And constantly voting for the lesser of two evils insures that we will always have an "evil" politician in the white house helping to lead us down the path to ruin. I don't buy their arguments and never will. It is profoundly cynical and defeatist. I refuse to believe that we can't do better.

Well, if you're going to take an all-or-none, the White House is the only race that matters stance such as this, then of course other arguments are going to seem cynical. While the White House is very important, this is no less defeatist, and arguably moreso because your method never takes into account the other parts of government such as the courts. You don't create change from the top down. Voting for the lesser evil while actively working at the local and state level to change the system and the candidates is way more productive than what you're proposing here.
posted by zombieflanders at 6:57 AM on January 20, 2012 [2 favorites]


It may not be a wasted vote, but no vote really is only slightly better than voting for the worst evil, if they win.

If you do this, you may gain some personal satisfaction for having "made your point," but elections are about outcomes. I find that people who advocate doing this - at least in the Presidential race, where it is least impactful, as I've seen over a lifetime of protest-third party votes of one stripe or another - tend to value more highly the act of promoting their specific ideology - "sending a message" - than with real outcomes.

I think this a personal decision - do you value more ideology and representing a worldview in your person, or do you prioritize the outcomes for the conditions in which the citzenry will have to live. This is an easy question for me, but people very devoted to a particular political view may be more willing to sacrifice today for the tomorrow they imagine, even though they haven't yet put the framework in place for that tomorrow to happen.
posted by Miko at 7:45 AM on January 20, 2012 [3 favorites]


If you do this, you may gain some personal satisfaction for having "made your point," but elections are about outcomes.

Not entirely, no. Voting third-party expresses dissatisfaction with the system -- in fact, it's damn near the only thing that does politically. If Obama had to worry about shoring up his base then maybe he'd be more willing to fight hard fights instead of rolling over for the Republicans so often.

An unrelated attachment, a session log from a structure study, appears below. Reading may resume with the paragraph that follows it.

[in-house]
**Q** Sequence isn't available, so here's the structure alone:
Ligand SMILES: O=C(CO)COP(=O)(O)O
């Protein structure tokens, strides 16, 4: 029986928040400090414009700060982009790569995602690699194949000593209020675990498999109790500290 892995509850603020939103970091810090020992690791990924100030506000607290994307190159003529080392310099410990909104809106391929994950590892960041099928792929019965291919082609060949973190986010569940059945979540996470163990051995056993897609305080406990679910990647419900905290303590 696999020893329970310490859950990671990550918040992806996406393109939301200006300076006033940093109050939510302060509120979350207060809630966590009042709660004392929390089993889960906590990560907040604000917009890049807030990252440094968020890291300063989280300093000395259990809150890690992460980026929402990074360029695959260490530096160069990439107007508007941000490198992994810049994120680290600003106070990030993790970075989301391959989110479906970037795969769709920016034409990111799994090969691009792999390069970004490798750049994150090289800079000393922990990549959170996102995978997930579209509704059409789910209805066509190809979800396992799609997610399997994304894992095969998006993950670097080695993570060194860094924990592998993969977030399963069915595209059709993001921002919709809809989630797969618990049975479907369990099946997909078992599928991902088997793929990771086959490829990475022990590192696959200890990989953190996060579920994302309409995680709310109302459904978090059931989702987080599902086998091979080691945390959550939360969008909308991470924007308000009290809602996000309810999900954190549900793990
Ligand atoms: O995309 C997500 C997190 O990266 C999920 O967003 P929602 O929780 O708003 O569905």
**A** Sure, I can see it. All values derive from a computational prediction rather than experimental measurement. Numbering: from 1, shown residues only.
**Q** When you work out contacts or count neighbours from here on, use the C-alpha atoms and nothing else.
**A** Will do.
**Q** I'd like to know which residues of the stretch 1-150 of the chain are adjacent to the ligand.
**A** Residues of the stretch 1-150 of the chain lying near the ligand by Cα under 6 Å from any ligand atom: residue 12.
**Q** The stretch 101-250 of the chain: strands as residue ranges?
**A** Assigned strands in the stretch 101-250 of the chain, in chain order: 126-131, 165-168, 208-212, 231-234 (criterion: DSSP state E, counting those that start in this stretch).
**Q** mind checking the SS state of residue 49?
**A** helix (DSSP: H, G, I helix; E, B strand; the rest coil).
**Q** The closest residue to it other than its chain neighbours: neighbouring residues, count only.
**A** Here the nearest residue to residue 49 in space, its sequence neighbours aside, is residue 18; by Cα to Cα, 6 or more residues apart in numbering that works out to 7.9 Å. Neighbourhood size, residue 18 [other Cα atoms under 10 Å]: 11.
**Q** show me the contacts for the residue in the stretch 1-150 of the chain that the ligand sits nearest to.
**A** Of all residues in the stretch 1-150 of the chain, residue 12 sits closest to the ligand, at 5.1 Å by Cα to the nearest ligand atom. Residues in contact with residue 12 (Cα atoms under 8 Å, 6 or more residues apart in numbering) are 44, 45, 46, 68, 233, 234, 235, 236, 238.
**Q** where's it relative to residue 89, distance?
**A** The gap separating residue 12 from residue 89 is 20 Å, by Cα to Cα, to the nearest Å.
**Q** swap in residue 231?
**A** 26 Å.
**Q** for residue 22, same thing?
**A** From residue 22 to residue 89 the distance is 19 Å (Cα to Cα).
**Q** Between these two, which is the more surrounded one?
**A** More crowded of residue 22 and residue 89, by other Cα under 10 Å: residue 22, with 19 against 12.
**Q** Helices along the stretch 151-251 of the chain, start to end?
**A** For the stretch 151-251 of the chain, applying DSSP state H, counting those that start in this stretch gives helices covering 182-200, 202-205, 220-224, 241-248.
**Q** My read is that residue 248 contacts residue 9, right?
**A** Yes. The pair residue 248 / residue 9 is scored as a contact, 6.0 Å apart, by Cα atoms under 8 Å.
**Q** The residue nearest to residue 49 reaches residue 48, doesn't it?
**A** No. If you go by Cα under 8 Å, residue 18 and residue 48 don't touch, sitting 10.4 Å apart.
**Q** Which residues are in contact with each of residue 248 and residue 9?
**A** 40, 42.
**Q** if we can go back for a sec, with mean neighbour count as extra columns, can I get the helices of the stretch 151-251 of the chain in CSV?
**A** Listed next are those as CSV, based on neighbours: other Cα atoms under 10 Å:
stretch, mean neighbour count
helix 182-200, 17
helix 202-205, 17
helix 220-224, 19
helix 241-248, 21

The key is, if you were going to not vote anyway, vote for some third party instead. Then although he might not win, the vote will still be recorded and contribute to the totals reported in the media, an act which is distinguishable from plain apathy.

You might argue that your vote won't make a difference. I'd respond that you're one person -- the nation isn't going to realign itself based on your preferences based just on your vote anyway. (No, that doesn't happen unless you have millions of dollars to contribute. Not that I'm bitter or anything....) You might as well show them they might have gotten .000001% more mandate if they supported your principles.
posted by JHarris at 7:55 AM on January 20, 2012


Right, it "expresses," but that's the limit of it's outcomes, which is my point. And it's certainly not the only way, or the most effective way, to express dissatisfaction with the system. The reason is we can't know why you voted as you did. It's a statement of some kind, but whether it's a statement of ardent support for the third-party candidate's political philosophy, or the statement "I don't like how things are," is completely obscure. And by aligning with those who are voting third-party as an intentional protest vote against a particular candidate, you effectively lend support and visibility to those undermining that candidate.
posted by Miko at 8:02 AM on January 20, 2012


And it's certainly not the "only thing" that expresses dissatisfaction with the system. I have pledged, in 2012, to talk myself blue in the face and get active on overturning Citizens United and pushing for campaign finance reform, among other causes that I believe will improve government. If you want to express dissatisfaction with the system, these are issues in which you can be personally, powerfully effective in the realm of politics.
posted by Miko at 8:03 AM on January 20, 2012 [3 favorites]


Vote for a third party. If they get enough votes they'll finally get federal funding in the next election.
posted by I-baLL at 10:11 AM on January 20, 2012 [1 favorite]


A third party President should be the last step in building another party n he US. Said President needs third party Senators, Representatives, Governors, State Senators, Mayors and local politicians to not only push an agenda through, but make that agenda seem normal to the American populace.

Like anything else a third party has to be birthed and grown.
posted by Brandon Blatcher at 10:34 AM on January 20, 2012 [2 favorites]


To build off Brandon Blatcher there. One of the reasons the Christian Right has had so much success is because of exactly that. they started out small, school board, city council etc, and they worked it. I hate their message, but they. worked. it. They effected a sea change in the true sense of the word.
posted by edgeways at 10:42 AM on January 20, 2012 [1 favorite]


Brandon Blatcher's 100% right - a non-Obama vote is a Republican vote. Corporate oligarchy ensues.

Yes, it's a Republican vote. But Obama is as much in favor of our current corporate oligarchy as any Republican, and he doesn't pretend otherwise. He had a chance to fix some of the damage inflicted by the Bush years, and instead chose to do more of the same.